The other thing that the electees do is gather around the local train station, or other open area, stand on top of their van and then shout at the top of their voices about the terrible state of Japan/the world/their fillings/litter/insert own rant here. They don't seem to do much of the 'if I were elected I'd...' more the negative 'what has the [incumbent] ever done for us...?'. And they get quite agitated about it all, shouting, frothing at the mouth and gesturing a lot, suggesting that if anyone got in their way at that moment they might not be responsible for their actions.

And today it is all over. Thankfully. Koizumi and the LDP didn't get the 51 straight seats that he wanted in the upper house, but with his alliance partner, New Komeito, they seem to have done OK. Minshuto, the main opposition party did much better than expected and took a decent chunk out of the LDP - people seem to have been a little unhappy with Koizumi over North Korea (can't think why), sending the GSDF to Iraq (can't think why either) and the pension scandals (nope, got me there) - in fact all things that have been extensively discussed on this site, how very topical...

Monday, 5 July 2004

After the laziness comes...

A proper post this week. Apologies for last week, but lethargy and apathy set in in a big way. I blame the weather, which has turned hot and humid, as is its won't in July. Also to blame was England's triumphal return to sporting mediocrity, with the football, rugby and cricket teams all losing, Robert Millar being kicked off the tour de france for drugs offences and the absolute drubbing of the England 1st XV Croquet (gateball) team by the Kawaguchi Irregulars (amateur) at the Saitama Super Arena on Thursday morning (possibly). Anyway, you get the picture. Luckily there were no loud mouthed antipodeans to rub in the salt, or octagenarian Japanese for that matter, so I survived and have come through the stronger for it.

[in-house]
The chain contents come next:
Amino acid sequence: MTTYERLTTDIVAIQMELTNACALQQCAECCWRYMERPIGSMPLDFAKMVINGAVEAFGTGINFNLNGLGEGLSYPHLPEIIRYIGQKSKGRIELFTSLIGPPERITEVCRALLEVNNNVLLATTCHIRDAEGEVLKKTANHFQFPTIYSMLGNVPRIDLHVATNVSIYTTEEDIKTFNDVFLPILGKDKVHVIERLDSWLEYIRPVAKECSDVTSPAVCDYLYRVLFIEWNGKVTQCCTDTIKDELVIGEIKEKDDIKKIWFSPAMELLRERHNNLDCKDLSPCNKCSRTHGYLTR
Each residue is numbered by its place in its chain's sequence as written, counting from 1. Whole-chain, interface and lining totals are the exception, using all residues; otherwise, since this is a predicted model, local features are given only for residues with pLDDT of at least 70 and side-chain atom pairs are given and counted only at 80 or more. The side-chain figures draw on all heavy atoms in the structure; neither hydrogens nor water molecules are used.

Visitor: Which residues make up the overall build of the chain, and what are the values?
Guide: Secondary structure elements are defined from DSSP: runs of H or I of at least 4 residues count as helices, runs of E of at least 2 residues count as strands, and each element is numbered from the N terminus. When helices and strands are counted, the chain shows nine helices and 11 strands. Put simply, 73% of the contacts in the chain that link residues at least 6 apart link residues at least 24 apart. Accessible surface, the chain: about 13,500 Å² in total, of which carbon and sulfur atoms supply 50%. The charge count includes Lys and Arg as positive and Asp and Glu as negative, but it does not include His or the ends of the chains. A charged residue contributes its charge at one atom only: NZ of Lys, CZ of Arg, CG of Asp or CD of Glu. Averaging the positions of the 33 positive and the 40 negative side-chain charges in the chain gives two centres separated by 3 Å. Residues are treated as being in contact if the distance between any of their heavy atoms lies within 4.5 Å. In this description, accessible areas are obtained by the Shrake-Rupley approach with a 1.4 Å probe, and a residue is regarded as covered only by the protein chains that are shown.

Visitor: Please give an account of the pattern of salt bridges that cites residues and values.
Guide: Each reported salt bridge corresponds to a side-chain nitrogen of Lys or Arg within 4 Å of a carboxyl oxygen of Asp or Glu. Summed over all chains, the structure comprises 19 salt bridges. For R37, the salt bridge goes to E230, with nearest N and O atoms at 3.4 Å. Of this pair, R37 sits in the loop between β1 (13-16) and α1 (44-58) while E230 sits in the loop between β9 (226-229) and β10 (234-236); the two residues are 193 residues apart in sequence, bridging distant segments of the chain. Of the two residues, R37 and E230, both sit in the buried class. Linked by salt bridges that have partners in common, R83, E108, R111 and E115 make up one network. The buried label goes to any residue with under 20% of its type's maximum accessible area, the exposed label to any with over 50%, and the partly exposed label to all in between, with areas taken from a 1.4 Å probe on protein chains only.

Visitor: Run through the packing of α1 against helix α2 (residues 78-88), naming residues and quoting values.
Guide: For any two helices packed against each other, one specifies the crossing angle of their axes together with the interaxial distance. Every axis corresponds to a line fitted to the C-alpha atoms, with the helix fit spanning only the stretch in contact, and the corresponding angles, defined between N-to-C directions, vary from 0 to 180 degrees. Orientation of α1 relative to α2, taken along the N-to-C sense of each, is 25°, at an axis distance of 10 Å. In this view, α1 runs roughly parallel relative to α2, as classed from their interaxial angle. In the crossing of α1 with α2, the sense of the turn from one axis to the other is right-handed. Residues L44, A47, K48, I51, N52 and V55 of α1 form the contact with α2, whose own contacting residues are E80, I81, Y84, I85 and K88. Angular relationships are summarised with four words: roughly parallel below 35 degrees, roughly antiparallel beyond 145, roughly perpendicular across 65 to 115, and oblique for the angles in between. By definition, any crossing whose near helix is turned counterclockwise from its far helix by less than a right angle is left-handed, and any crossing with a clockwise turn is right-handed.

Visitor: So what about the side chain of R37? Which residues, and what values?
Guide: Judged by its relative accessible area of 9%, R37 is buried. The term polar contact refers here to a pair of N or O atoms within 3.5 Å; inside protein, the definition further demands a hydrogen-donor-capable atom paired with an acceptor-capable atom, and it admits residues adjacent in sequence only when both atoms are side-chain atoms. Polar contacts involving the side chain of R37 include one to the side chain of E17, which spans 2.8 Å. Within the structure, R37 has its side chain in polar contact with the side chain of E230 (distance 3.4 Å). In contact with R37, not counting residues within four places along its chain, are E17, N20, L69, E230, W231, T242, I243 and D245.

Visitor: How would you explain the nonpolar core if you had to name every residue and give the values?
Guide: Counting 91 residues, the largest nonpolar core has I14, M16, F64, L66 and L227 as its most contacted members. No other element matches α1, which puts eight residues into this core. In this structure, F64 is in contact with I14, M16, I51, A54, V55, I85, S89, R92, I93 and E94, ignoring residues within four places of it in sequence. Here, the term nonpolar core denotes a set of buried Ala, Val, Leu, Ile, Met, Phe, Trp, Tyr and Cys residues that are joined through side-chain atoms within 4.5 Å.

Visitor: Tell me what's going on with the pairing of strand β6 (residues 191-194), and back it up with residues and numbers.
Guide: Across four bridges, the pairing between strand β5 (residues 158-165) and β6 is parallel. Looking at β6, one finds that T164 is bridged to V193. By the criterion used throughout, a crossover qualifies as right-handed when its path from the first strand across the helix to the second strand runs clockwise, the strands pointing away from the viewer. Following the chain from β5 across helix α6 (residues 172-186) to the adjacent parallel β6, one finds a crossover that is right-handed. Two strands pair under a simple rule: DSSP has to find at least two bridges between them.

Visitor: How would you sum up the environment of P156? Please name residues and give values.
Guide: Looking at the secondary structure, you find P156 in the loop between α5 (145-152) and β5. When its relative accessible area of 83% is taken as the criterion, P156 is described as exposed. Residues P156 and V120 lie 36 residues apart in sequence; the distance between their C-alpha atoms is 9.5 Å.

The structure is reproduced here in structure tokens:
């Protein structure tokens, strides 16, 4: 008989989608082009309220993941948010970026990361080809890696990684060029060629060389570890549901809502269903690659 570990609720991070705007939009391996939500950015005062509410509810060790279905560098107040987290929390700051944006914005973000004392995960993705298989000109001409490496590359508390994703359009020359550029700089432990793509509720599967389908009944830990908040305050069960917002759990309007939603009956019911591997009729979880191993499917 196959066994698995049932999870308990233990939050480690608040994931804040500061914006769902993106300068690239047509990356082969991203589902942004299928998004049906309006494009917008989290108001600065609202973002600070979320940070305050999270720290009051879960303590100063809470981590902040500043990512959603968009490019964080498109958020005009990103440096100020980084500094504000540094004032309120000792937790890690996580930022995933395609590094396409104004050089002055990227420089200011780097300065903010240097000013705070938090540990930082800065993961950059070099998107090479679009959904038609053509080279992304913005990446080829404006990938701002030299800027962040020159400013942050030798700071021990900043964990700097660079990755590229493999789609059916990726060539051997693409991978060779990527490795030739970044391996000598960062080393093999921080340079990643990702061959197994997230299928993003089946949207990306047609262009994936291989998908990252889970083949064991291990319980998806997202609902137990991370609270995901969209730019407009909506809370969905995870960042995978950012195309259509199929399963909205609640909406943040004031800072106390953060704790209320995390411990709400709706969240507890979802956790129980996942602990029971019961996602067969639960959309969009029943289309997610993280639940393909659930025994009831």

However for sporting success I did turn to...

Japanese Rugby

Rugby in Japan has a long and glorious history. It has always been popular with universities and companies and has a lively following today, indeed Waseda university team is one of the most popular sports teams in the country, apparently. OK, so Japan has the record world cup thumping on its books, 145-17 against NZ a few years back, but I say well done for putting 17 points on them, its more than England managed in two games last month!

Anyway, up until this year, as rugby was only played by universities and company teams, it meant that there wasn't really much of a season to talk of, all very bitty, and when the companies played the unis, they thumped pretty spectacularly. (A little aside - strange thing about sports in Japan, all teams, in every sport, are basically formed, owned and run by companies, so the top baseball side, the Giants, is owned by the Yomiuri newspaper group, one of the Tokyo football teams (I think Verdy) is still nicknamed the 'Gasmen' as their are owned by Japan Gas, whilst the top rugby teams are Kobe Steel(ers), Yamaha and Suntory. Its all down, I think, to the idea that as an adult male in Japan you have to work for a company, even if you are a sportsman (or women). The idea of a non-company aligned team seems an anathema. I suppose it makes sponsorship easier to come by, but all seems a little soulless to me, but then again, who am I to judge)

So no real competition on the domestic front and, to be honest, not much competition from the rest of Asia, whom Japan regularly walloped, and so when those pluckly little banzai warriors
came up against the Europeans, Aussies and Kiwis, they had had little preparation and were walloped.

Not good.